recognized top donors — 10 platinum-level and four gold-level — agreed
to raise the money from others”, he said.

Reply
anonymous February 23, 2013 at 5:23 pm

If the ten platinum and four gold donors did not fund in excess of $3,500.00 limit and the rest of the money was contributed by others, then those others ARE ANONYMOUS contributions.

ANONYMOUS DONORS ARE ILLEGAL.

The excess on a Platinum donor would be $6,500 per donor TIMES (10) TEN EQUALS $65,000.00 anonymous contribution.

The excess on a Gold donor is $1,500 TIMES (5) FIVE EQUALS $7,500 anonymous contribution.

A total of $72,500.00 of potentially illegal ANONYMOUS contributions

Reply
anonymous March 25, 2013 at 12:15 pm

ALAN WILSON’S CAMPAIGN FINANCES MELTDOWN – CAMPAIGN CHAIRMAN THAD WESTBROOK CAN’T KEEP HIS STORIES STRAIGHT

Alan Wilson’s campaign left $134,000 off previous filings.

COLUMBIA, S.C. South Carolina’s top prosecutor amended his campaign filings Friday to account for $134,000 in donations and expenses previously unreported on disclosures surrounding his 2010 election win.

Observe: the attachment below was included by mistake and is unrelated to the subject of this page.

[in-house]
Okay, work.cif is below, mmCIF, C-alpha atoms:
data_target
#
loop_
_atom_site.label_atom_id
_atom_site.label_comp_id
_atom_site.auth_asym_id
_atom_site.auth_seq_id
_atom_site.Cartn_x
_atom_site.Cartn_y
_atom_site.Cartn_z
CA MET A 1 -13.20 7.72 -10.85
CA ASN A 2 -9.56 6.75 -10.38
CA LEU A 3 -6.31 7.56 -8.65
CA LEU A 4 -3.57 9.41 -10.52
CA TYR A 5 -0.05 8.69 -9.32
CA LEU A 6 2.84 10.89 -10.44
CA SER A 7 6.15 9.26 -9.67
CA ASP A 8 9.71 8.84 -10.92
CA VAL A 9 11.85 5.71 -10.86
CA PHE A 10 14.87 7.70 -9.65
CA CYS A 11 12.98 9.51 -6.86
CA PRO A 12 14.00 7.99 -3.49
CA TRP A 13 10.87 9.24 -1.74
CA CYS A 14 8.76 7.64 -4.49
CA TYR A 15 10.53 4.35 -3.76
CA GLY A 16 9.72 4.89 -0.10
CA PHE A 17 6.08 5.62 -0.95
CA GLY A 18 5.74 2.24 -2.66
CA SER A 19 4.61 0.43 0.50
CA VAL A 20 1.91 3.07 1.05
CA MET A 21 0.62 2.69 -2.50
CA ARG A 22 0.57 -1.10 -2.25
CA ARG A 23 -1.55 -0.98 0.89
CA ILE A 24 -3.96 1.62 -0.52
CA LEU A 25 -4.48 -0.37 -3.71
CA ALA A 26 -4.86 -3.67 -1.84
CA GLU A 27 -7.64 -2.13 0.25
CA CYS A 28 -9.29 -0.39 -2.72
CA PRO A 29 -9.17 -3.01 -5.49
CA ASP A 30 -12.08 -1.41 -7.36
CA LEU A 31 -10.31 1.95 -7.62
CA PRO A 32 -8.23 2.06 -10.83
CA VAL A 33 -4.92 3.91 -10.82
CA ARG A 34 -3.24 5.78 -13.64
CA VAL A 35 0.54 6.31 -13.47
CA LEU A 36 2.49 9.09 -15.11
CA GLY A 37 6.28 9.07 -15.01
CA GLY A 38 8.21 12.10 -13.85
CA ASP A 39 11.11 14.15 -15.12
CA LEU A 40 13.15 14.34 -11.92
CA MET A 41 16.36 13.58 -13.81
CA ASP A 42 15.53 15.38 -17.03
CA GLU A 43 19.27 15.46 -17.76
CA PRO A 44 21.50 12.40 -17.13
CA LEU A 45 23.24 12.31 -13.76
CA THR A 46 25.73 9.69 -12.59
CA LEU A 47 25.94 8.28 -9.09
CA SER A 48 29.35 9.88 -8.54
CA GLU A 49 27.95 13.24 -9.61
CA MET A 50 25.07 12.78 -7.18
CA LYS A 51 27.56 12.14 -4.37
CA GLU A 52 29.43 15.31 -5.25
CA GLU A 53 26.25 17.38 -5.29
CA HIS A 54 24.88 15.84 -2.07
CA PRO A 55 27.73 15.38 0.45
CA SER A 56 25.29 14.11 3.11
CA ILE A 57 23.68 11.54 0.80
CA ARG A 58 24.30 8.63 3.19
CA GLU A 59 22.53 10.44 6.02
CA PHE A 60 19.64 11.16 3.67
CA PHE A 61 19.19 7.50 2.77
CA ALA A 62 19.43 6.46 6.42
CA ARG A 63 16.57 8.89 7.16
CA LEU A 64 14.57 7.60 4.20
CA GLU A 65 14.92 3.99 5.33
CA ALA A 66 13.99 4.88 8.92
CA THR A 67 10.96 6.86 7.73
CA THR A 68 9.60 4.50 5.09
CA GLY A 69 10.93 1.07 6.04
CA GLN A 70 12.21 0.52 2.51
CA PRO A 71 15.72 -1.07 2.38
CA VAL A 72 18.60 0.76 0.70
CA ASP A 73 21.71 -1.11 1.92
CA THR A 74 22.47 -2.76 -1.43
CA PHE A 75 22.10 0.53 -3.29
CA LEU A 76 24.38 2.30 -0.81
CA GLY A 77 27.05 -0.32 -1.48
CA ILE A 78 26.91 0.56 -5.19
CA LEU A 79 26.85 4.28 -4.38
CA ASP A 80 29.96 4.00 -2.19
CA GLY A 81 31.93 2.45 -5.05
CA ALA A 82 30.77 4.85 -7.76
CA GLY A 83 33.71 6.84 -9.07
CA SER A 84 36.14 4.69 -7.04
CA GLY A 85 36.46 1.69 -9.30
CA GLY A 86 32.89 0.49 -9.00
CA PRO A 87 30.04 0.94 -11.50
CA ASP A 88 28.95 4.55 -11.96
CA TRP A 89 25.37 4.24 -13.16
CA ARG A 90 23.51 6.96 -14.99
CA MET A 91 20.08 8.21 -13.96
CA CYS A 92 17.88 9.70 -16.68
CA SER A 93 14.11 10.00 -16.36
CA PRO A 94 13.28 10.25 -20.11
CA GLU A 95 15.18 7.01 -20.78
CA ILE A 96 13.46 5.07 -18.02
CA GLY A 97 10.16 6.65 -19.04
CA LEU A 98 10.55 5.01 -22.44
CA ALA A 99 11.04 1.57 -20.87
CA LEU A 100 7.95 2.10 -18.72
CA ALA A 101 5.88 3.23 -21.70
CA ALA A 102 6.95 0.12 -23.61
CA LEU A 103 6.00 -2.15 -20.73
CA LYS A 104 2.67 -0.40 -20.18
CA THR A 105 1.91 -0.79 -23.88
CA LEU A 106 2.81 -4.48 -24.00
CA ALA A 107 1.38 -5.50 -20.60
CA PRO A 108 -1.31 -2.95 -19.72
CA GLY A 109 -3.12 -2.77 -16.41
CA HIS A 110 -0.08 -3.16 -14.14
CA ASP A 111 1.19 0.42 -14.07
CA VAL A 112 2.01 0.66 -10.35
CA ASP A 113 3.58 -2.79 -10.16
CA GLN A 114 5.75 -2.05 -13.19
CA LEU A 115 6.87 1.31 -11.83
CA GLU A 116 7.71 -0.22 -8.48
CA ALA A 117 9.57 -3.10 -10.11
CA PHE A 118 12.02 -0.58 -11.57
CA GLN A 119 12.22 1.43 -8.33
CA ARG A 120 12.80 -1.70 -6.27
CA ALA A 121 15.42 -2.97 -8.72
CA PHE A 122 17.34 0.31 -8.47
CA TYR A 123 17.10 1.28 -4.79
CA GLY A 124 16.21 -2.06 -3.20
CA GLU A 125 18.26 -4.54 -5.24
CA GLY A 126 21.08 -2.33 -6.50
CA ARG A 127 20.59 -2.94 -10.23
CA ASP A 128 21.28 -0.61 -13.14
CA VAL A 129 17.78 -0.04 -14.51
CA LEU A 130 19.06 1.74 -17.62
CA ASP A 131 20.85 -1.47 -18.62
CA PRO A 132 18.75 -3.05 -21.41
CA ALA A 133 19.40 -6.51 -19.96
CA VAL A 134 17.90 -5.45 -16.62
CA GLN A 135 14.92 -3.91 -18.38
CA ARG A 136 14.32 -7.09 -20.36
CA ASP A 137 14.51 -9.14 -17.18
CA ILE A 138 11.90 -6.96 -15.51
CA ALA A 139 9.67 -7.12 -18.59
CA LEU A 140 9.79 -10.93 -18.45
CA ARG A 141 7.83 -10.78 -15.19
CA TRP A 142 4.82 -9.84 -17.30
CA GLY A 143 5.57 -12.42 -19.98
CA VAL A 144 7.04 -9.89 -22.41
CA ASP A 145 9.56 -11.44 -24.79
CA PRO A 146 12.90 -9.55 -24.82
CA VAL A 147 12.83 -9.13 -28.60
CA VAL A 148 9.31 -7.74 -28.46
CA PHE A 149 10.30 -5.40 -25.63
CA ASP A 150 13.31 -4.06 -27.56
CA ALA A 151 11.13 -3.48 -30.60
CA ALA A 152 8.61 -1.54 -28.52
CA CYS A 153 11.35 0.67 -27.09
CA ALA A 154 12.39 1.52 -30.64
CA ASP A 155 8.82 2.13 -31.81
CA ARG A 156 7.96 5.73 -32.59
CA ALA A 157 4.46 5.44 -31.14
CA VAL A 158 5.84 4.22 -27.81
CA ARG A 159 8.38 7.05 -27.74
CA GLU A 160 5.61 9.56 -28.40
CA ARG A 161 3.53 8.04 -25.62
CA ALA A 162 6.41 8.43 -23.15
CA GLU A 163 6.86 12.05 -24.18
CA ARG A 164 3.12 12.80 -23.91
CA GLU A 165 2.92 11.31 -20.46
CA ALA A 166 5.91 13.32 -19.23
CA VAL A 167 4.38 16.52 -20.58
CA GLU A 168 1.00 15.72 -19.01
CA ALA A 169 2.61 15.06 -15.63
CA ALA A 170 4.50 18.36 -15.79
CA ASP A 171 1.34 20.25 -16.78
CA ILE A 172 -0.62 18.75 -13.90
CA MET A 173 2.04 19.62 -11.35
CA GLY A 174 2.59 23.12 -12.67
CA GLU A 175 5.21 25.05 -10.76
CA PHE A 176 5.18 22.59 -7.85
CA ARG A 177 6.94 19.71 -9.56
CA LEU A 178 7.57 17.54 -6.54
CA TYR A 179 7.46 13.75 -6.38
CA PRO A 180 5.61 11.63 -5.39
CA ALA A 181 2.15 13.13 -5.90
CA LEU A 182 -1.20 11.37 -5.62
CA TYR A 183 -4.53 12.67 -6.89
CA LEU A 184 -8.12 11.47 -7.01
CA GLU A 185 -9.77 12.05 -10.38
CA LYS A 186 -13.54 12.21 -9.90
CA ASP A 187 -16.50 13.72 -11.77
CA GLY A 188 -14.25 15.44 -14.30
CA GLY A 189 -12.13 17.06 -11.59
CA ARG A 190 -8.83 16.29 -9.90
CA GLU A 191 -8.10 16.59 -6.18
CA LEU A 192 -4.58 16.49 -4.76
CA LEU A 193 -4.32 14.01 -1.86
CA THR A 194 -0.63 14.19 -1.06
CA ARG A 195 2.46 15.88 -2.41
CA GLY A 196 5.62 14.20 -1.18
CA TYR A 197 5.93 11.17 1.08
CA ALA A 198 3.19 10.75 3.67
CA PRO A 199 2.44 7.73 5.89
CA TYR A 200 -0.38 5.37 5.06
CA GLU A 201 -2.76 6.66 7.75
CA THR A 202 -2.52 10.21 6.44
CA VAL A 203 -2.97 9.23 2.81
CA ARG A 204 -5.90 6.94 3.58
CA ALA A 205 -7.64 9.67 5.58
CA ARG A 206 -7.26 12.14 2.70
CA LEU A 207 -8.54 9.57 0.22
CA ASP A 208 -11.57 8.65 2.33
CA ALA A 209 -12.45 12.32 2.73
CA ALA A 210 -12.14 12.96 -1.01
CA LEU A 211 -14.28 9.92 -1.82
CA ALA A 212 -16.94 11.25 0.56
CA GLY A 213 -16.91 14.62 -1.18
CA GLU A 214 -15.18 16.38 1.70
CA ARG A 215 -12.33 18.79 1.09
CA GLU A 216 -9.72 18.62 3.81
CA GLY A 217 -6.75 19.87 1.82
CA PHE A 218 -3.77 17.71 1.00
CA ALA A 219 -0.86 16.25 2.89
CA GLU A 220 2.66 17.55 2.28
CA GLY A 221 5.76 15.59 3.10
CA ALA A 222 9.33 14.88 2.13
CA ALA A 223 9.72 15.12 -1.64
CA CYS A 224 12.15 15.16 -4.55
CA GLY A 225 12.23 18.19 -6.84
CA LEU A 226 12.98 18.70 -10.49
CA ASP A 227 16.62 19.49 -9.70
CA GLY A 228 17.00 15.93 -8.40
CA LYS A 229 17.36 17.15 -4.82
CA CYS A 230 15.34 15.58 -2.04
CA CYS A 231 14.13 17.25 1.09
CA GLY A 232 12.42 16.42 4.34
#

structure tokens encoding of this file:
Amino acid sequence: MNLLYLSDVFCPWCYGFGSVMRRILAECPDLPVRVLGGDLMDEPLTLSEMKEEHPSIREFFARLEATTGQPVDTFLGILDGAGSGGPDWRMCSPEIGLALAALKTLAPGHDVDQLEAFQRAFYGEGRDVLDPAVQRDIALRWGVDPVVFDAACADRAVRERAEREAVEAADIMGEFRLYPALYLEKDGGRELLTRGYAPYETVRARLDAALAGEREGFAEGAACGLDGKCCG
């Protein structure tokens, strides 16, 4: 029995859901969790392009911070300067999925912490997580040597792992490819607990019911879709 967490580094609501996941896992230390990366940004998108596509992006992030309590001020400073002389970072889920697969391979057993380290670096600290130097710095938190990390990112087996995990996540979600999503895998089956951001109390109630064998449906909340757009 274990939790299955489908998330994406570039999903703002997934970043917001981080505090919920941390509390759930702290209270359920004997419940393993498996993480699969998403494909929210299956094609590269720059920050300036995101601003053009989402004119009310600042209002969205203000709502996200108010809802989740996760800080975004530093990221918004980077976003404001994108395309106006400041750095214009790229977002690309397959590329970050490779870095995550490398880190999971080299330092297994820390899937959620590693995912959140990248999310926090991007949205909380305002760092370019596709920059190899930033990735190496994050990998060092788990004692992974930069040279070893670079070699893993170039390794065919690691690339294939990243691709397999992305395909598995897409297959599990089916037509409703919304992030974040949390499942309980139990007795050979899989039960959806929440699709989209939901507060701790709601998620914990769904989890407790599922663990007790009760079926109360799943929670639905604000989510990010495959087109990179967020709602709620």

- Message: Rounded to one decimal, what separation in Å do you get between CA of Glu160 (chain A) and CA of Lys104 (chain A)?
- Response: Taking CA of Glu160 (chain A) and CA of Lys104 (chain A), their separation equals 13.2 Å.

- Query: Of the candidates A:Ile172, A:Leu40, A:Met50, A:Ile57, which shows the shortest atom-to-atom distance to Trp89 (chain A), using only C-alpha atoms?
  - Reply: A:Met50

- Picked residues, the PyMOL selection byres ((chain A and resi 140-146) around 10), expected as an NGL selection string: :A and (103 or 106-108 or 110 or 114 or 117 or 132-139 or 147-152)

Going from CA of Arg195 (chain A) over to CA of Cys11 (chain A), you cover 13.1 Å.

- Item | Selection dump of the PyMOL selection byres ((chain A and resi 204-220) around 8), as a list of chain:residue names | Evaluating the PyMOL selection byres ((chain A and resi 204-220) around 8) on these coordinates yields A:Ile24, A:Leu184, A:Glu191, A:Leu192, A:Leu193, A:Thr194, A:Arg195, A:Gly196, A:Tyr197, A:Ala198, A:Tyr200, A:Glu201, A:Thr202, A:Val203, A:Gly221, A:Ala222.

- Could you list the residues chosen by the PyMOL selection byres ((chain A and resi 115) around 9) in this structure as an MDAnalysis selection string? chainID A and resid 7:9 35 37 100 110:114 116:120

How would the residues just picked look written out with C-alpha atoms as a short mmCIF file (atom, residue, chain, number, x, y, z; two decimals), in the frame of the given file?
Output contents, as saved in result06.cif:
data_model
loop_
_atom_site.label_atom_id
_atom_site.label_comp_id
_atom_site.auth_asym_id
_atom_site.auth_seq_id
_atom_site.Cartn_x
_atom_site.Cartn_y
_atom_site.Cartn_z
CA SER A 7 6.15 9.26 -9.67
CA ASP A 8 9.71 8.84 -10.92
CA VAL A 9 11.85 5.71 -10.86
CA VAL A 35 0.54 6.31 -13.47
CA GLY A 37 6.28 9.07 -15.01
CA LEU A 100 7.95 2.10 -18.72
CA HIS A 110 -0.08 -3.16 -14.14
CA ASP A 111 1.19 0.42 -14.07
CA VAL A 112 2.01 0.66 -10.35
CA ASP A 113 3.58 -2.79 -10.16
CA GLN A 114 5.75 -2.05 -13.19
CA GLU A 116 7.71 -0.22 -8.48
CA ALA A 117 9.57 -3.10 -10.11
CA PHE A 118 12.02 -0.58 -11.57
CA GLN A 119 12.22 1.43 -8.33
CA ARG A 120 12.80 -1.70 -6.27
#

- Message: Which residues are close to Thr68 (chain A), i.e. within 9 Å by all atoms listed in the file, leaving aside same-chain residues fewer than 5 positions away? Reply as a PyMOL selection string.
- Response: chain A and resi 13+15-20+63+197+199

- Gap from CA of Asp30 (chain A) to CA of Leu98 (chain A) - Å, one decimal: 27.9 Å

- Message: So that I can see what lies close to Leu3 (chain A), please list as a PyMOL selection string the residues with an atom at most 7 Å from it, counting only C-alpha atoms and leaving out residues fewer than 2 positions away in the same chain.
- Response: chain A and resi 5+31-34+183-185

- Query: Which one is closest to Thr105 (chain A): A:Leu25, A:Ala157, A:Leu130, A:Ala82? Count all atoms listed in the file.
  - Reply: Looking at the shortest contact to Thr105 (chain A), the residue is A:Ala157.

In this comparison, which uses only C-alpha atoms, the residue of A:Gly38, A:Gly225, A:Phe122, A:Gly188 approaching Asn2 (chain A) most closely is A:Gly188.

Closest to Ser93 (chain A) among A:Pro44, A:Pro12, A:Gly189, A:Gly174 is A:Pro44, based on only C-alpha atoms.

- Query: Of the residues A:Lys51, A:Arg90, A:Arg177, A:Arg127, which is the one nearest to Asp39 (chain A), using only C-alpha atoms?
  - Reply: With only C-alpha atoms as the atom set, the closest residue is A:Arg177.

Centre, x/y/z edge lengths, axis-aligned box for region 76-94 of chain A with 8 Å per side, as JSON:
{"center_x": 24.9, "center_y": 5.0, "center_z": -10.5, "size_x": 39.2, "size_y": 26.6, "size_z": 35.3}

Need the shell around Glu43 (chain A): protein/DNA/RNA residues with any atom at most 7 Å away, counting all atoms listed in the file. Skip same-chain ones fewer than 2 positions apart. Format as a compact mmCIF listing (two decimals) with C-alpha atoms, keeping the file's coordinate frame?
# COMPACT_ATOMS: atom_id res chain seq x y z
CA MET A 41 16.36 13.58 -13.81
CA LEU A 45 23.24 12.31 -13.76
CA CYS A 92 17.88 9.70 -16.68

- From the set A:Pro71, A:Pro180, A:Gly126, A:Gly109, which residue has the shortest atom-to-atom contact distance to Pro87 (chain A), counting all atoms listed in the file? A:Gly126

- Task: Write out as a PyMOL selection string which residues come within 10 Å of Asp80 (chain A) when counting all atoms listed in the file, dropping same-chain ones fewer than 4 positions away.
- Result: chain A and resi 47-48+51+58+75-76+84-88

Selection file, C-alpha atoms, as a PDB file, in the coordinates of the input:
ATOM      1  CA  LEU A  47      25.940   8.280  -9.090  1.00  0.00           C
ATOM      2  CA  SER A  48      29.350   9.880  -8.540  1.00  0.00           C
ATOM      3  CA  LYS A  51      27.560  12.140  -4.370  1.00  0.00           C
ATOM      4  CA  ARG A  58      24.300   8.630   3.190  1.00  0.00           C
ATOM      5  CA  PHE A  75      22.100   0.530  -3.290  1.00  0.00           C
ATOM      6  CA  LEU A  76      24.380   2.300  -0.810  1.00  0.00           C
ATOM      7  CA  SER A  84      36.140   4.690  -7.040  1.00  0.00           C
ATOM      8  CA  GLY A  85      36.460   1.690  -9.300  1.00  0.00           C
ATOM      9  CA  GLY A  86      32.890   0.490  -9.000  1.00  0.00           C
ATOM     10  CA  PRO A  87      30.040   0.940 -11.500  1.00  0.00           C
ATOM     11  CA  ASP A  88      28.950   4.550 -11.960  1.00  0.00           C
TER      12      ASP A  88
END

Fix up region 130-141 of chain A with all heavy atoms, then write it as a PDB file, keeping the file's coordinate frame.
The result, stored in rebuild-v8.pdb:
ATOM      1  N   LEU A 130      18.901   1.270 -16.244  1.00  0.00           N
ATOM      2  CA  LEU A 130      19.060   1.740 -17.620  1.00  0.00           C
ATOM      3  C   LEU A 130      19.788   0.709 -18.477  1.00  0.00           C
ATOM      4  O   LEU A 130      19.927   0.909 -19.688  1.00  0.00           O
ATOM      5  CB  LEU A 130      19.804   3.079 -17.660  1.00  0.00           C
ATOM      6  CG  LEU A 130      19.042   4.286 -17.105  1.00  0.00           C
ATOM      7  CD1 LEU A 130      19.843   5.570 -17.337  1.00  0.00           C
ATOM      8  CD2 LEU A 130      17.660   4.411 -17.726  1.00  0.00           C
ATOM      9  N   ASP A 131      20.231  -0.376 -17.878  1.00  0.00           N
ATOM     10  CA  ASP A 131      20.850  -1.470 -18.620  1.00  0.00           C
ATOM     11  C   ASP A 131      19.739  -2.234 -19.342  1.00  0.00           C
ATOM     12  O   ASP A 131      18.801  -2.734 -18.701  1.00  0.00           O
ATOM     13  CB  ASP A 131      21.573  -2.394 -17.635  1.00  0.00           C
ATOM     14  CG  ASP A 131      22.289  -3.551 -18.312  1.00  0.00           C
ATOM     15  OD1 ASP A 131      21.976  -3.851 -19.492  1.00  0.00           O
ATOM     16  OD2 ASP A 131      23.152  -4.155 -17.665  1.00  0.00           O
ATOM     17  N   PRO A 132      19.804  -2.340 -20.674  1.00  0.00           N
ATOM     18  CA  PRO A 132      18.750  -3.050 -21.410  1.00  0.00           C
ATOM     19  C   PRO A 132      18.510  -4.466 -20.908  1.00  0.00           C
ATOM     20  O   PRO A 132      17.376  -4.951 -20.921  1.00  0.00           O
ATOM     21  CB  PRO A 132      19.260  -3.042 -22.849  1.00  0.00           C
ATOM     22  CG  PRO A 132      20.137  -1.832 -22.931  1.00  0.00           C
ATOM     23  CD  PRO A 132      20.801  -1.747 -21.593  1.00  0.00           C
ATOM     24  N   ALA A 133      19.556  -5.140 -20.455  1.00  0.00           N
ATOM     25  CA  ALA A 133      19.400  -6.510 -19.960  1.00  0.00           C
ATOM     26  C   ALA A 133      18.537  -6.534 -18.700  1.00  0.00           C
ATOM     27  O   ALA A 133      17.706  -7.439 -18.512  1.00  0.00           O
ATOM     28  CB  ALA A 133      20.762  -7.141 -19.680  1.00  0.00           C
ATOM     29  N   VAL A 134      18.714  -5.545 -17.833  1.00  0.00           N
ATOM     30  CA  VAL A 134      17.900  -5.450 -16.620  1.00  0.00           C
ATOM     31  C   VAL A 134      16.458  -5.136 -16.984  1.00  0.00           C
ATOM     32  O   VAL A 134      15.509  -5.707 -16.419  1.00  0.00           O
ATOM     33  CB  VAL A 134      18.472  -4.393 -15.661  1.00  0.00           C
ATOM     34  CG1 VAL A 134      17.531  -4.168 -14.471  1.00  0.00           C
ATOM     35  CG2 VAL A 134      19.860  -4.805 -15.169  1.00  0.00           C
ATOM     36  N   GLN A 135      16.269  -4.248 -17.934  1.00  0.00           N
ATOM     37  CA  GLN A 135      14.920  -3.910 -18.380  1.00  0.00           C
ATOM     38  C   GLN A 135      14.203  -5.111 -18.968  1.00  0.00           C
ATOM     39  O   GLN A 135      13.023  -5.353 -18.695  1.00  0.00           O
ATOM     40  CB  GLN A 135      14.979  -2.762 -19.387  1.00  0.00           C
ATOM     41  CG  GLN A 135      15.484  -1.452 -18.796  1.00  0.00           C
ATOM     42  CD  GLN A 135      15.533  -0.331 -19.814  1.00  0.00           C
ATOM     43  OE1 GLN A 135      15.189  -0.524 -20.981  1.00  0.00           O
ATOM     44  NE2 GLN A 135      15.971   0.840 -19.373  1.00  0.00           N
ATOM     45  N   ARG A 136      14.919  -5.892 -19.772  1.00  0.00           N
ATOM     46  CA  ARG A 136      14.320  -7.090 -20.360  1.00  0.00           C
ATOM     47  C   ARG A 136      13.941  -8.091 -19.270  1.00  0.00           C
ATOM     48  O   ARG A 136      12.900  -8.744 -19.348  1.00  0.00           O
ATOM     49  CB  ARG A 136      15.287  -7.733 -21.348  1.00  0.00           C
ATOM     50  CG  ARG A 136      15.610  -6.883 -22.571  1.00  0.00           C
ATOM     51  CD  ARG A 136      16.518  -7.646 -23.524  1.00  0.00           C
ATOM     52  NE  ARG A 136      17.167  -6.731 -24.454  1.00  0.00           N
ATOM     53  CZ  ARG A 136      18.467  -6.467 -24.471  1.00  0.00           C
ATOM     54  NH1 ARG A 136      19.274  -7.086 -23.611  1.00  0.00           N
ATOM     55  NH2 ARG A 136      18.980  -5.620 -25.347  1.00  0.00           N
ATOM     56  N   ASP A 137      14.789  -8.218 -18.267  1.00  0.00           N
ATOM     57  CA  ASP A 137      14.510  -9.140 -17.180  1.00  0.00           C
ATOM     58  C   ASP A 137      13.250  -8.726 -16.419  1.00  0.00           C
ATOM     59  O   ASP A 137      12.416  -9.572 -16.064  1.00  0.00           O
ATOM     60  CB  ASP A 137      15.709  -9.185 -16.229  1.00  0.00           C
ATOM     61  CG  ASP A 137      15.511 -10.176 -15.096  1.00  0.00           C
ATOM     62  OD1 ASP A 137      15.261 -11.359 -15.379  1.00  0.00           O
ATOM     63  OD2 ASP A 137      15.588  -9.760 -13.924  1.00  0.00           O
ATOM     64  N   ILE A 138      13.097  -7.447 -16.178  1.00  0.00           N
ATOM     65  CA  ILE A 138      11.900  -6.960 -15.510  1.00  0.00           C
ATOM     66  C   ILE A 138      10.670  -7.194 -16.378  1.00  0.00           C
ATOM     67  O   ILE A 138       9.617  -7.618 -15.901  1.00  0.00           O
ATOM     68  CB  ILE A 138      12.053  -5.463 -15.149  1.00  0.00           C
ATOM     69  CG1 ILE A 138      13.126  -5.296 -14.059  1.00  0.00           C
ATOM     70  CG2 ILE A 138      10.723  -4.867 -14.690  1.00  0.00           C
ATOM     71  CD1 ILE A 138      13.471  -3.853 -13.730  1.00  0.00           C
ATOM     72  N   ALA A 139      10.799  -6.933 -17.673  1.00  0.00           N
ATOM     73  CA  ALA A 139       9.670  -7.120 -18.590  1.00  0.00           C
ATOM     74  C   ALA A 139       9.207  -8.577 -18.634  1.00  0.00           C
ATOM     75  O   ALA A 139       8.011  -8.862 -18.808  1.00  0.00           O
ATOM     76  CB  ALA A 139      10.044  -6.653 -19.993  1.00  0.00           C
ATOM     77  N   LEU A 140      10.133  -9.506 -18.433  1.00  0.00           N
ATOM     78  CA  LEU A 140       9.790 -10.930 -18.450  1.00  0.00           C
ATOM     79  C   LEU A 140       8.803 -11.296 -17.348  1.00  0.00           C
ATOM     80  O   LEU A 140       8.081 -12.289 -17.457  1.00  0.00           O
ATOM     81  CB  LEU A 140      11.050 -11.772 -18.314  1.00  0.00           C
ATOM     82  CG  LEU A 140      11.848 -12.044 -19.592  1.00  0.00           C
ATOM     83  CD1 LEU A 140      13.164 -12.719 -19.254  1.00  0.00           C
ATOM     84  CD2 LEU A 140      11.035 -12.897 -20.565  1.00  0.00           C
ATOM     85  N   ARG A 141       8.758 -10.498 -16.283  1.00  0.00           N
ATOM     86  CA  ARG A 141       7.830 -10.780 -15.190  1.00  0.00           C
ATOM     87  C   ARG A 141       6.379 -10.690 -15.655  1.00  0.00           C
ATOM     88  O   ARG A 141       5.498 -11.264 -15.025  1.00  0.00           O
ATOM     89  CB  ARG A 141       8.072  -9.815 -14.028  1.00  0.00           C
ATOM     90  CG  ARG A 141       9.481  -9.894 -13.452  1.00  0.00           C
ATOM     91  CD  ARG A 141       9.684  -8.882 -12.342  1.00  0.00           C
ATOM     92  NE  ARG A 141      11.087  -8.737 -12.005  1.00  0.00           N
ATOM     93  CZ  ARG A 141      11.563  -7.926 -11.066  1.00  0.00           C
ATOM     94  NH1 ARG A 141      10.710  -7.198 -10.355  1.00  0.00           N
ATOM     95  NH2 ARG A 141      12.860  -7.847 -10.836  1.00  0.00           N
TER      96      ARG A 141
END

Attorney General Alan Wilson’s campaign chairman Thad Westbrook says NOW 68 donations and 16 payments NOT REPORTED

The 59 checks and nine online donations that came in after Wilson won the office totaled $66,890, The payments totaled $66,797

Thad Westbrook initially estimated that 10 to 15 donations were mistakenly unreported. That number represented other sponsors for Alan Wilson’s inaugural gala that were unaccounted for in his online filings.

But an independent accountant Alan Wilson’s campaign hired to review his account found many more deposits, checks, and expenses not reported.

Reply
anonymous March 25, 2013 at 1:24 pm

WHERE’S THE REST OF THE MONEY?

10 TEN PLATINUM DONORS TIMES $10,000 EQUALS $100,000.00

4 FOUR GOLD DONORS TIMES $5,000.00 EQUALS $ 20,000.00